Electric lights gleamed on the fake wood and shone through the translucent white plastic of his xanyan-styled apartment in Binang. He’d just bought the place using half his savings; with his current income, it represented about five years pay. It had one room for sitting and accessing his multicom; a tiny, immaculate kitchen with brushed metal surfaces; an oddly spacious shower in the bathroom; a beautiful window out onto the gleaming city; and, of course, a teleport link instead of a front door. Teleporters had revolutionized a lot, but one of the most daily things he noticed was the lack of hallways, stairs, or elevators in the new apartments. Of course, if the power went out, you were stuck. But it really let the people pack in like never before using all that space.
He sat on his synthetic fiber mat, gazing blankly at the multicom before him. He didn’t want to access any data today. He was a tiny part of a massive corporation with holdings here and on other planets; the corporation that manufactured the teleporters now used everywhere, even by the military. He didn’t want to work today; he was angered, he felt trapped.
His name was Hiralaj Gbunil, and he was a consciouness-loaded clone. He owned seven more exact copies of himself in an installation in Dubnil; each time he died, his consciousness was downloaded into a new clone, seamlessly. This latest time he had been reclining on a mat in a Binang hotel, had wandered off in his own mind, thinking about mundane things, when someone had snuck up and murdered him right there. There had been a person on the next mat over; they hadn’t even blinked. As soon as Hiralaj awoke in his new clone, he had one thing on his mind – vengeance. But no one knew who his killer had been, or no one would admit to it. He went on his corporate channel and asked advice, but was told not to retaliate but instead seek justice through the law enforcement system. This didn’t feel like enough, so he teleported back to Binang to find his killer.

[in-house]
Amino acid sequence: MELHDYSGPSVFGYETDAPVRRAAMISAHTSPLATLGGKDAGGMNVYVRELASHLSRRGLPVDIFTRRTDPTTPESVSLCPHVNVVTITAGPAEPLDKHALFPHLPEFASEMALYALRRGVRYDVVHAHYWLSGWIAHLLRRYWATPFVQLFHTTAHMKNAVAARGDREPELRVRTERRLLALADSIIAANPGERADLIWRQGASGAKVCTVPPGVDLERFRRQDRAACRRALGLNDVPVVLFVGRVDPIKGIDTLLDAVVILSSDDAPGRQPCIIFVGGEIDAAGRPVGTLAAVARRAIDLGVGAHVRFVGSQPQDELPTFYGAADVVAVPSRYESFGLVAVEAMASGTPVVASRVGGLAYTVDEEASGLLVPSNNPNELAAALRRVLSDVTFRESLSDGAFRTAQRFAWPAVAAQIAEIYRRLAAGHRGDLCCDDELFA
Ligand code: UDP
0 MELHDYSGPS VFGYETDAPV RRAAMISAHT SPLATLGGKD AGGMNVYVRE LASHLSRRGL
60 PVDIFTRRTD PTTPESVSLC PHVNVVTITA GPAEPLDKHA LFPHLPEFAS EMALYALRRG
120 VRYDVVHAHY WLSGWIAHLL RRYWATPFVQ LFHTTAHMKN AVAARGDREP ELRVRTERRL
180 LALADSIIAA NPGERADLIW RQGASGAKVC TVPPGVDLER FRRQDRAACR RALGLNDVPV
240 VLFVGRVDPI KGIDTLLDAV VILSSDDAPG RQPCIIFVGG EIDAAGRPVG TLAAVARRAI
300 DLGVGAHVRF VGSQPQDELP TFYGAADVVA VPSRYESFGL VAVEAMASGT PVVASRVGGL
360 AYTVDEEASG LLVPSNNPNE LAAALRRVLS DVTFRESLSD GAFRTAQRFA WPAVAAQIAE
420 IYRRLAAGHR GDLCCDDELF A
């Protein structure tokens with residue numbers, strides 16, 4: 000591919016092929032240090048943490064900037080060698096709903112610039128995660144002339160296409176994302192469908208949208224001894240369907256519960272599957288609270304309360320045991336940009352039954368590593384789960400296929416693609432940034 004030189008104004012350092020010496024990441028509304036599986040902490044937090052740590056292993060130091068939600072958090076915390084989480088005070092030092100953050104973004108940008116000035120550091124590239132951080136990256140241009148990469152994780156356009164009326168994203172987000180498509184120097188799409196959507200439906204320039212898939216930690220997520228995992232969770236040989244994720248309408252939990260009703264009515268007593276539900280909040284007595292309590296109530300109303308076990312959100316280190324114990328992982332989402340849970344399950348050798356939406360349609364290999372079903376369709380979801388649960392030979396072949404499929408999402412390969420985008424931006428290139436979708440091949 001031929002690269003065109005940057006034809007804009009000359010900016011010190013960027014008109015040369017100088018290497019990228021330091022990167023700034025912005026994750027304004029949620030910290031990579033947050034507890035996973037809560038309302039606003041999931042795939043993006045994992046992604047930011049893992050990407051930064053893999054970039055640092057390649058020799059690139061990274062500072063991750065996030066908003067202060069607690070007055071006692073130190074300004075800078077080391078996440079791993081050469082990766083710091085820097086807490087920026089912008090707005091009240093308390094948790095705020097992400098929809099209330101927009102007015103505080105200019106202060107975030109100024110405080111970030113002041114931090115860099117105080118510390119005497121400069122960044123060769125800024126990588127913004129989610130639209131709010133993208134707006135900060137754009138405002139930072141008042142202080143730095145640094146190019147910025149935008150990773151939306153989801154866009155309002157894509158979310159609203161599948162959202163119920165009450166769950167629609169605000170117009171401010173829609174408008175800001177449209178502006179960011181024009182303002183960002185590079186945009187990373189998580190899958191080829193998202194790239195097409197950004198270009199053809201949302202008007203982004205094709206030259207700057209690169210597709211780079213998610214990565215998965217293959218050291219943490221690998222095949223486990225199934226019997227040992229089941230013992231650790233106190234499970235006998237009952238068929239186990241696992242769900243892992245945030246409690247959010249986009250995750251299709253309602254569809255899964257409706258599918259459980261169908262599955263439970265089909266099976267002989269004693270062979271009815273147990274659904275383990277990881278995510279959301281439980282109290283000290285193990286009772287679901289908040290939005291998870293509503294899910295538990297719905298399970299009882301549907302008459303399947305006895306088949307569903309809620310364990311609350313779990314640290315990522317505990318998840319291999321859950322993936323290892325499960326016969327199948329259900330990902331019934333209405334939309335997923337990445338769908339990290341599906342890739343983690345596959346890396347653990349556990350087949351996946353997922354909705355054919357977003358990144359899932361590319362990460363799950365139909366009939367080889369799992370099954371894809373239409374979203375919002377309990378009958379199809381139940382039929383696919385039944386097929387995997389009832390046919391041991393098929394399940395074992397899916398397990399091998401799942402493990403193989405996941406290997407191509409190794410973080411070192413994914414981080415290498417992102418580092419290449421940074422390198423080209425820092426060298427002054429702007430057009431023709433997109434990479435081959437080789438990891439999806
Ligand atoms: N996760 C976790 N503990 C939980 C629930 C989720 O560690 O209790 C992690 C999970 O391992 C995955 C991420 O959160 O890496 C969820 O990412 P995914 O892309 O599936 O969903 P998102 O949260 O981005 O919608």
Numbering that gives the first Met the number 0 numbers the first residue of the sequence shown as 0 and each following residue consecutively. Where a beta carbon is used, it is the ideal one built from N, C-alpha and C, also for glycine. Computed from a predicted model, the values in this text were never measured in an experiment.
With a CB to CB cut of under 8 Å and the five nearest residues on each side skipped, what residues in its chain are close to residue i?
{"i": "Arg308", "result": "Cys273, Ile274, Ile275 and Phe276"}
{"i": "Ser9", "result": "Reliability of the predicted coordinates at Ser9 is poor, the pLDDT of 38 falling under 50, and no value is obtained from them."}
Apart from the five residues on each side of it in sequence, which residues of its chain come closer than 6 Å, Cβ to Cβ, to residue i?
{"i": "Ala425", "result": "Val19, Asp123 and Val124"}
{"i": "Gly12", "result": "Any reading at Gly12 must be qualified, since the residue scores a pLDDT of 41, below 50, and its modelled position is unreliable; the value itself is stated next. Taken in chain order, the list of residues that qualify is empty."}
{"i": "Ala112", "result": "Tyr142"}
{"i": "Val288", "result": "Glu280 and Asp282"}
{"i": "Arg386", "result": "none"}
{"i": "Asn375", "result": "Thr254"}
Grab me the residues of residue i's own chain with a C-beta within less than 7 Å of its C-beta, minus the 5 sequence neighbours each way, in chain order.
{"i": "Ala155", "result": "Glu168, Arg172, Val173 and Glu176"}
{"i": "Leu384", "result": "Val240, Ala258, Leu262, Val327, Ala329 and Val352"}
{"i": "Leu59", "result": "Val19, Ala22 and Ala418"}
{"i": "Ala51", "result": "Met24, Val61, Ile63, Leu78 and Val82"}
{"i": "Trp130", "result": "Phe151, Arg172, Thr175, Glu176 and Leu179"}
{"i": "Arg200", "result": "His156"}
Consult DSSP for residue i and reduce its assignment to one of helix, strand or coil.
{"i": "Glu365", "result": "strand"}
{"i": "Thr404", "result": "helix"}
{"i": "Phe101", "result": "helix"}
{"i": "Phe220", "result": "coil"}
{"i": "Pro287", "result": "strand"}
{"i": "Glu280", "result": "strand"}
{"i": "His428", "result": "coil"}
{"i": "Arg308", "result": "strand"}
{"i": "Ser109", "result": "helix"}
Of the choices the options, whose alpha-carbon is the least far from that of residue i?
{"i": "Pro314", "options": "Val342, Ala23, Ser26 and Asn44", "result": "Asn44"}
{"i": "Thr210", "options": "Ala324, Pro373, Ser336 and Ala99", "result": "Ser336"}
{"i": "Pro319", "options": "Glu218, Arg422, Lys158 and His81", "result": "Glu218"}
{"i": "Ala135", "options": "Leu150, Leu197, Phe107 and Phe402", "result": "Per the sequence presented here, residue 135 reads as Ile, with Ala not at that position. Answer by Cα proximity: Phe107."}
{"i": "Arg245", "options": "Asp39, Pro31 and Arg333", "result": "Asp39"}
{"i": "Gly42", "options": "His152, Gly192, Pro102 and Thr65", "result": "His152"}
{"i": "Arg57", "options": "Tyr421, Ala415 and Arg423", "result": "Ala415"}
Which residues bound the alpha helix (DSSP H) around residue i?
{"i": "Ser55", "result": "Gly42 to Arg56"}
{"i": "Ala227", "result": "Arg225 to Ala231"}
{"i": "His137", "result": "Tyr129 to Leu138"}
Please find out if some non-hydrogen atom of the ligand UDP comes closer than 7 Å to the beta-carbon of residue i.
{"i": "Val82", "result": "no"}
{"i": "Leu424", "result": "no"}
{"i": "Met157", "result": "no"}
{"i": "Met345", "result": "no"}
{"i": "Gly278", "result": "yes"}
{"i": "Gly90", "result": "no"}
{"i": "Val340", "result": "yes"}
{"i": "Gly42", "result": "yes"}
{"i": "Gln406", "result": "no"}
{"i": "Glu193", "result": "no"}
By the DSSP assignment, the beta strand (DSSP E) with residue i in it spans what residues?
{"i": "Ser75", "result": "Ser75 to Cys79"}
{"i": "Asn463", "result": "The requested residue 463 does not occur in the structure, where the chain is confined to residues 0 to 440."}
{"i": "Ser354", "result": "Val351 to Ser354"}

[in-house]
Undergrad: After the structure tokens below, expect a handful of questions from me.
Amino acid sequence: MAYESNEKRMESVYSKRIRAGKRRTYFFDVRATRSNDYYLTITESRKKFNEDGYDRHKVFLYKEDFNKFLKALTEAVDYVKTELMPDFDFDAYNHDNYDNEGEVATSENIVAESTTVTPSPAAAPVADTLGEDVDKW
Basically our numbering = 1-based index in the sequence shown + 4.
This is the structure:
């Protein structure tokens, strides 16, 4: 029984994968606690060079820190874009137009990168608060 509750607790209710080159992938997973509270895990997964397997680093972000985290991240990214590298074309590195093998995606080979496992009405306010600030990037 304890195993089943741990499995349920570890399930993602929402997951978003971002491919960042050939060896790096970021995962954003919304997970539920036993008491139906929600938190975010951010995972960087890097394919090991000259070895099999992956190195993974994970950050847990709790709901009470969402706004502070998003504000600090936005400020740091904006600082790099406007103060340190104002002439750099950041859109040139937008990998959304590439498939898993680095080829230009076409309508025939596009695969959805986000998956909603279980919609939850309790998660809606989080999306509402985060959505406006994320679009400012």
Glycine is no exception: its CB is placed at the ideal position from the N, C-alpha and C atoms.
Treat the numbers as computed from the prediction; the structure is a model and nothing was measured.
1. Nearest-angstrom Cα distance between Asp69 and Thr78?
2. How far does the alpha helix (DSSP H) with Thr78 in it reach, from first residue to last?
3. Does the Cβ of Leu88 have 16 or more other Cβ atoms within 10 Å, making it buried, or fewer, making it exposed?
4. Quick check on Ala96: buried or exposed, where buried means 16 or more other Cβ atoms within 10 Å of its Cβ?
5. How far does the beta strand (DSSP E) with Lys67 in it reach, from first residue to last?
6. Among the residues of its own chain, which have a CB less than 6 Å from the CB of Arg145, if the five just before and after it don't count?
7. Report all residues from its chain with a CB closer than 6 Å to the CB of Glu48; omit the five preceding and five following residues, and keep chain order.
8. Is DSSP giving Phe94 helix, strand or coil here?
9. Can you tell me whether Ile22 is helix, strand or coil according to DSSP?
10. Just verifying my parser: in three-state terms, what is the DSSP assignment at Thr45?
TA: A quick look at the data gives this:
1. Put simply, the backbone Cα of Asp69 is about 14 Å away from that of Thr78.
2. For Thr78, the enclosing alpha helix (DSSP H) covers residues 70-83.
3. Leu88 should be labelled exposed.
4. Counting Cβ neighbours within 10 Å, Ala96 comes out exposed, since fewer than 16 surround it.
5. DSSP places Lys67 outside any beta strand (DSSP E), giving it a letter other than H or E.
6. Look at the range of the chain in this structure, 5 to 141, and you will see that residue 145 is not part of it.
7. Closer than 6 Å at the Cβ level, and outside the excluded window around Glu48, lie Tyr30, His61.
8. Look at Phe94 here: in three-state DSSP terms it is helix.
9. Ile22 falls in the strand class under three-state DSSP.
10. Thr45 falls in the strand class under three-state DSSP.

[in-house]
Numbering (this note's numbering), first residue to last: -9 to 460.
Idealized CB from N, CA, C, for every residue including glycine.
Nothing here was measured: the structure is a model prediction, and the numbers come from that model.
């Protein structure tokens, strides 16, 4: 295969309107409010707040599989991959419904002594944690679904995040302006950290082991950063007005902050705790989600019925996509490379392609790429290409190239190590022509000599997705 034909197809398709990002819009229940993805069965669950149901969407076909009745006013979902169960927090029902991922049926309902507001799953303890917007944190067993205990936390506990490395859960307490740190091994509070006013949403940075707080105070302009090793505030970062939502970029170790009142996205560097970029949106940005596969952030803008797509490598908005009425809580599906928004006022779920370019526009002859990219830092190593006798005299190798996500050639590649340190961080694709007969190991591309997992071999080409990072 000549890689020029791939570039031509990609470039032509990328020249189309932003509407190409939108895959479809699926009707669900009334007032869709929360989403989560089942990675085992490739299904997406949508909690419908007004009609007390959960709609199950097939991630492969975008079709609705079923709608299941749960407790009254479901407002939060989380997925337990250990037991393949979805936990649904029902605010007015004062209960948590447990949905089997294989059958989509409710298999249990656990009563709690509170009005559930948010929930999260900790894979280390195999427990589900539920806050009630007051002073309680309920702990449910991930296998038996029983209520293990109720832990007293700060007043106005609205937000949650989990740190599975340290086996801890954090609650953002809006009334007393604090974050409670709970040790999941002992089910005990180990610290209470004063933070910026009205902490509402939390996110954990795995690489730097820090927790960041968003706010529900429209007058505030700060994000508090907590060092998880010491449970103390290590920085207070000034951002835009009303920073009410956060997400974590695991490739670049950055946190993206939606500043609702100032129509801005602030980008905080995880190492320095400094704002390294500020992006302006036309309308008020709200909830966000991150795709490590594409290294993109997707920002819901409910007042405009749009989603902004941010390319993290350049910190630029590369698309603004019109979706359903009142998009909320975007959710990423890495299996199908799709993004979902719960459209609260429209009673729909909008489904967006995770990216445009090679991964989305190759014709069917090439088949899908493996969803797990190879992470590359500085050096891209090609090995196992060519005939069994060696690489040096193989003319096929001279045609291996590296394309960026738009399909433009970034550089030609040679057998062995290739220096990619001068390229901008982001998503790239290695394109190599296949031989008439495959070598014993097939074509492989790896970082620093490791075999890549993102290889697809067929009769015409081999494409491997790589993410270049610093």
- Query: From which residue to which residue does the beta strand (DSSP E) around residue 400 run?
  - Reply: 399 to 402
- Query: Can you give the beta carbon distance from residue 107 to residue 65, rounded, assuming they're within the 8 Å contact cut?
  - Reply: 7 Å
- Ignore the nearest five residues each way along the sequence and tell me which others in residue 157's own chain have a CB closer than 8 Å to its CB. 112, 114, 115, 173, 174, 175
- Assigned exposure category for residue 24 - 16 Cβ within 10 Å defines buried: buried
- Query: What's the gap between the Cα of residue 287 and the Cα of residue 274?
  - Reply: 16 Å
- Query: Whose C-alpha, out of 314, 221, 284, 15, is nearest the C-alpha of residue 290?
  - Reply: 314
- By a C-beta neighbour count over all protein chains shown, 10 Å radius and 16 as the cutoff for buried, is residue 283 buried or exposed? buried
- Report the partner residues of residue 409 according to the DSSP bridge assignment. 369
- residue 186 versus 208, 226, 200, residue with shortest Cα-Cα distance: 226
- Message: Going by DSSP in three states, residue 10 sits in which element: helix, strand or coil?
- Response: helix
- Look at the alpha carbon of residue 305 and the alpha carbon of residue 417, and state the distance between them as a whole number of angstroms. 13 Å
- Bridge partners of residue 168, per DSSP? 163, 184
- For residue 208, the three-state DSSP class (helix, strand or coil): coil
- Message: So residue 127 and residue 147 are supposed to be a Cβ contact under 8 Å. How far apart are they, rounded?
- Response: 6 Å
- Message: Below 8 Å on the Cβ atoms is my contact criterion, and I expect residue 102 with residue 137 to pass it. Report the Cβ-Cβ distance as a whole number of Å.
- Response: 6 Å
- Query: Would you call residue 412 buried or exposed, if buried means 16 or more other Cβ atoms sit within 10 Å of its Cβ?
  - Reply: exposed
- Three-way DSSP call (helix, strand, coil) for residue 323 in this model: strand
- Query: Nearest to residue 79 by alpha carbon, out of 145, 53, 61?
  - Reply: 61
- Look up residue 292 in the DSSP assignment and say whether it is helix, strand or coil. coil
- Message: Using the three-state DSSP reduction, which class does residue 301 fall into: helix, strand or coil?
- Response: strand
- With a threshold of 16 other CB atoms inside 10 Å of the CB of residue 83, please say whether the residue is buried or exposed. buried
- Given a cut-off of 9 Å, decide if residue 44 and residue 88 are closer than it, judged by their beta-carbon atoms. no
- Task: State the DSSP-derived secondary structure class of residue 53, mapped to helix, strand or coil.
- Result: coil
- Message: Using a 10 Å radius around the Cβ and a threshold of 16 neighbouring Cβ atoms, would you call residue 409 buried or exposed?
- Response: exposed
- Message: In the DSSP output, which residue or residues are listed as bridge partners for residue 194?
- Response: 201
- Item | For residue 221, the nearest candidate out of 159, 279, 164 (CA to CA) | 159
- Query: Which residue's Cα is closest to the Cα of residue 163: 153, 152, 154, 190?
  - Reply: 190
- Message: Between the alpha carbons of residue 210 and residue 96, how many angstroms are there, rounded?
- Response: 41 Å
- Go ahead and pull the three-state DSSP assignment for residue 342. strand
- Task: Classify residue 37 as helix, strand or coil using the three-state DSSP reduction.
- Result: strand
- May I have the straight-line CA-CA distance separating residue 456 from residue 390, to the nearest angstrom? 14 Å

Back to the hotel he had gone, its red carpet and cozy gold trim fit for international businessmen, and he had found the place where he’d been killed; already not a trace of corpse or blood. There was a man kneeling nearby, and he looked guilty, so Hiralaj quickly pulled out a lazer pistol and opened fire.
Even with the element of surprise, the adversary quickly returned fire and killed another of Hiralaj’s clones. Even more angry, he now sat in his apartment contemplating his next move. His corporate superiors were angry that he had not followed the proper channels for justice; but it didn’t feel like justice, not deep inside, to fill out a form and hope someone else did their job somewhere.
His mind wandered…it was a strange city, Binang. He’d met manipulative whores, freedom seeking androids, and avoided raging gun battles in the streets. He’d wandered abandoned alleys studded with blinking neon signs, found beautifully landscaped artificial gardens, made real contact with practically no other human, yet somehow it felt like home so much he’d spent half his savings on this apartment. Half his savings. He didn’t even know what the other half might even be for. He had no friends, no corporate ambitions, no…nothing. Just…anger. It shouldn’t be this way, he knew. Something was wrong.